Jim Fennell's College Notebook: SNHU continues on-field success
The SNHU men';s soccer team went into last night';s game at Franklin Pierce undefeated and ranked third nationally in Division II, while the women';s team just knocked off nationally-ranked UMass Lowell and was 4-1 going into yesterday';s game at top-ranked and defending national champion St. Rose.
The Penmen were off to solid starts in most other fall sports, as well.
That little seems to have changed for the teams belies the muddle the school and athletics department is dealing with.
The first blow came in May when a budget review triggered what has led to a joint investigation by an independent auditor and the New Hampshire Attorney General into financial mismanagement by a former university employee.
Ray Prouty, the former SNHU budget manager, was placed on administrative leave shortly after the budget review and is no longer employed by the college.
SNHU spokesman Greg Mazzola said the investigation is still ongoing.
Prouty, a SNHU graduate, had moved into the position after being a long-time assistant athletics director. He was familiar face at many Penmen events and functions and his wife Terry is the women';s soccer coach and senior woman administrator at SNHU.
Mazzola would not say if the investigation includes athletics and said only one person is implicated at this time.
Meanwhile, athletics director Chip Polak has been on administrative leave since July 19. Polak recently underwent successful prostate surgery and expects to be fully healthy and back on the job by the end of the month.
Mazzola said Heather Lorenz, the dean of student affairs, has been the interim athletics director during Polak';s absence, but Polak said assistant athletics directors Chad Mason and Tricia Cote have been handling the day to day affairs of the department.
Polak said he has had little contact with anyone on campus during his leave and said he was not allowed to comment on the investigation or Ray Prouty.
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FILLING THE VOID: The UNH field hockey team lost two prolific scorers from last year';s America East championship team in Whitney Frates and Hayley Rausch, leaving a huge hole in the offense to fill. Meg Flately was not expected to be the person doing the filling.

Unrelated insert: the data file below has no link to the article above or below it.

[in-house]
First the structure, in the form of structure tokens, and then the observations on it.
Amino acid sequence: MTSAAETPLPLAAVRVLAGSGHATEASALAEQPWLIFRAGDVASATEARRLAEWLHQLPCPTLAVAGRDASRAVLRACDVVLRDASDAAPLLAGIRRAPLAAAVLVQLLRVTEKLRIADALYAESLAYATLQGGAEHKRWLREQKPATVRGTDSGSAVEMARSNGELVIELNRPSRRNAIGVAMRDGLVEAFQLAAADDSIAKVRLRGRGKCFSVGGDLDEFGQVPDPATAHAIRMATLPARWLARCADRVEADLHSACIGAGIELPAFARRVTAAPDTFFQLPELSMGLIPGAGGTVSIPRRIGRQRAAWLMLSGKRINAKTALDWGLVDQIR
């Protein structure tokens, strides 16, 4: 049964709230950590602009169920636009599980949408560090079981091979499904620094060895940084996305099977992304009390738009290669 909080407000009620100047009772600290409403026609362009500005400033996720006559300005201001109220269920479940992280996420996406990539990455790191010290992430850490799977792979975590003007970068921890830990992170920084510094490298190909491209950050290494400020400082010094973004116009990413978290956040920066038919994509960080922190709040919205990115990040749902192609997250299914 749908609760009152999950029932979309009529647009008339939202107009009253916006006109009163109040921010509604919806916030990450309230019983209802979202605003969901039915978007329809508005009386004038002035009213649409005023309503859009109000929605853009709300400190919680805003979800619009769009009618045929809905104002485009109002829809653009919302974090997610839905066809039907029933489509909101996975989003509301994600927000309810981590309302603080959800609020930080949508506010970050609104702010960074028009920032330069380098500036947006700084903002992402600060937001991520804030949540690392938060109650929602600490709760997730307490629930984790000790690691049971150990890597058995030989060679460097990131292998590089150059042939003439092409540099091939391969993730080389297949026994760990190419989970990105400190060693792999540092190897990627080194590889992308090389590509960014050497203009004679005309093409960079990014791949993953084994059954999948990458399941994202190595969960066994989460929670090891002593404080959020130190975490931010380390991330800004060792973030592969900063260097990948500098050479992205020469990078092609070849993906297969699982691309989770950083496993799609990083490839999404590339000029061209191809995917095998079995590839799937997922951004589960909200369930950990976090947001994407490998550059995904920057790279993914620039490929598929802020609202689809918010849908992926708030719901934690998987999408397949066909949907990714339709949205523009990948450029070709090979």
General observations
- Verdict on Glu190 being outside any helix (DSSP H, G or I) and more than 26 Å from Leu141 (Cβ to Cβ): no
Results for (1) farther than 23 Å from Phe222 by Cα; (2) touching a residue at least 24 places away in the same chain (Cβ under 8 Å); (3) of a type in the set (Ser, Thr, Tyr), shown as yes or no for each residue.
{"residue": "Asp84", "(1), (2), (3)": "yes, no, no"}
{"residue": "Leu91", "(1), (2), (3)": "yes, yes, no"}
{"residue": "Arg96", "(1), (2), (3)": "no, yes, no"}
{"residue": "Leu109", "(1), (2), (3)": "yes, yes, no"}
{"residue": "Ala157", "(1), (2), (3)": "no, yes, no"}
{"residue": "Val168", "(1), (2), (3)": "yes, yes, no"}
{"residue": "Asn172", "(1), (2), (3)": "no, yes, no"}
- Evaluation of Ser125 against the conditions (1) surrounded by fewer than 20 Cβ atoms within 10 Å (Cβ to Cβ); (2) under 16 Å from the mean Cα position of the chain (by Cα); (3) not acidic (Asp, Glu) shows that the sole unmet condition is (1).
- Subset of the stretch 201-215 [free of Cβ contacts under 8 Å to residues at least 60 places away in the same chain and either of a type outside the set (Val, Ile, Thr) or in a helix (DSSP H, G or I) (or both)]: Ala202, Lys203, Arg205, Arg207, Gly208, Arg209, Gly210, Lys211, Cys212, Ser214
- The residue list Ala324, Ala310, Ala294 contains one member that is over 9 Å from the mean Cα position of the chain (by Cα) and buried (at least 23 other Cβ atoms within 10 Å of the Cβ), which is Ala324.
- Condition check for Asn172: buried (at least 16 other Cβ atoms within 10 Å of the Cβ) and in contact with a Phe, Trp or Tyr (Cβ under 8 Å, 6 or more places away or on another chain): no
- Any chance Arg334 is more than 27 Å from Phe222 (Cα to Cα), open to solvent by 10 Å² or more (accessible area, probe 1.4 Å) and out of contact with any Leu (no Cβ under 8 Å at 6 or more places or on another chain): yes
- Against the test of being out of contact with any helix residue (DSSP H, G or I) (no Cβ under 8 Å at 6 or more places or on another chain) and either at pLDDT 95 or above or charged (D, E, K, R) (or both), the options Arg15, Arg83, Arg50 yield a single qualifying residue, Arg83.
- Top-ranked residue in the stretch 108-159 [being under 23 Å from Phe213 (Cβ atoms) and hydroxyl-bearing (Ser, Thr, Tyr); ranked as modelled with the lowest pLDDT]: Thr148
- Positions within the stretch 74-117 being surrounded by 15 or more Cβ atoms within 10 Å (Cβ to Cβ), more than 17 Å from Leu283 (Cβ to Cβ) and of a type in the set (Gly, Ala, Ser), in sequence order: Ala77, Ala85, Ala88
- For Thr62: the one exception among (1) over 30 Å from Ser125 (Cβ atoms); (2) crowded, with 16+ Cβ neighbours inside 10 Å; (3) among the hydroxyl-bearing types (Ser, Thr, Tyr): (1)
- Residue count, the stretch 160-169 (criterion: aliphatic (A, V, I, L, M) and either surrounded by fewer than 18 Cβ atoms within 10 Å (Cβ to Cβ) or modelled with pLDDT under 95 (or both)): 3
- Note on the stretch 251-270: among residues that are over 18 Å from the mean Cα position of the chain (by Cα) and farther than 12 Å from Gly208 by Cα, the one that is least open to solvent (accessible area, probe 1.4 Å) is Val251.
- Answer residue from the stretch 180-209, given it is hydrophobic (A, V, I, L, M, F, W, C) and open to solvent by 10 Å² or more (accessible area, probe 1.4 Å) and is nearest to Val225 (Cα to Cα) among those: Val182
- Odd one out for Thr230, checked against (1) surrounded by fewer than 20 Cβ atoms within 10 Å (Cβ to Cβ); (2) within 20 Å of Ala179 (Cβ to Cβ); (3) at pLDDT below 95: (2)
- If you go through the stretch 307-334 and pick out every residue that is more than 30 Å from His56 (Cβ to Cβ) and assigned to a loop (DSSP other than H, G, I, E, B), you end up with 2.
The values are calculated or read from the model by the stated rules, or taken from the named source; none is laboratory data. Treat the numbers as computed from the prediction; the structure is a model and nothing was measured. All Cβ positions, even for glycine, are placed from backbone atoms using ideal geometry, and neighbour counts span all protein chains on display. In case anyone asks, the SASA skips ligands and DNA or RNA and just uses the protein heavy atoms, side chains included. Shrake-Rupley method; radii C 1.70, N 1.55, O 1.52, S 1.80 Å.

The red-shirt freshman was a walk-on last year and did not play, but she is making the most of her opportunity this season. Flately, from Townsend, Mass., was recently named the AE rookie of the week.
She earned her way into the starting lineup and, heading into the weekend, was leading the team in goals.
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DOUBLES TROUBLE: Or you can call this Brotherly Love. Either way, the success of brothers Nick and Chris Schwab for the St. Anselm men';s tennis team has been worthy of cute headlines.
The Schwabs teamed to win the A-Flight at the Stonehill Doubles Invitational last weekend by taking three matches, including an 8-5 win over Austin Stedman and Sam Jon of Eastern Nazarene in the championship match.
The Schwabs hail from Seaford, N.Y. Nick is a sophomore who was on the Northeast-10 all-rookie team a year ago, while Chris is a freshman.
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CONTINUING THE TRADITION: The Cochran name is one deeply woven into the history of skiing at the University of Vermont, so it seemed like a perfect fit when two-time Olympian Jimmy Cochran of Keene returned to his old school recently as an assistant alpine coach.
Cochran skied one year at UVM after transferring from Middlebury and tore it up, winning eight races on the EISA circuit and finishing runner-up at the NCAAs in the slalom and third in the giant slalom in 2003.
He was a member of the 2006 and 2010 U.S. Olympic teams and competed for nine years on the World Cup tour.
Both of Cochran';s parents were athletes at UVM. His father Bobby and his aunts Barbara Ann, Lindy and Marilyn all skied in the Olympics, while his grandfather was a former national team coach.
UVM is the defending national champion. The Catamounts have won six national titles since 1994.
';I';m honored to be a continuing part of such a rich ski racing legacy at UVM, and look forward to giving back to the program that put me onto the national team 10 years ago,'; Cochran said. ';Lucky for me, the team today is made up of an incredibly motivated, impassioned cadre of student-athletes.';
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THE BEYOND THE BORDERS SPOTLIGHT SHINES ON: Stephen Grzywacz of Manchester (Central). Grzywacz spurred the Stonehill College football to a 13-0 win over Southern Connecticut in its NE-10 opener last week by booting two field goals and an extra point.
The field goals of 37 and 25 yards were the first of Grzywacz';s collegiate career. He missed three in the team';s season opener. He has made all five of his extra point attempts.
Grzywacz';s first field goal came with three seconds left in the first half and put Stonehill (1-1) ahead for good.
Grzywacz is one of eight Stonehill players from New Hampshire who had a homecoming of sorts Friday when the Skyhawks played in Goffstown against St. Anselm in the annual ';Battle of the Ol'; Bronze Hawk game at Grappone Stadium.
Grzywacz and freshman defensive back Jared Chandler came from Central, while freshman offensive lineman Sam Rainey is a Trinity High product.
New Hampshire College Notebook appears weekly in the New Hampshire Sunday News. Email Jim Fennell at firstname.lastname@example.org.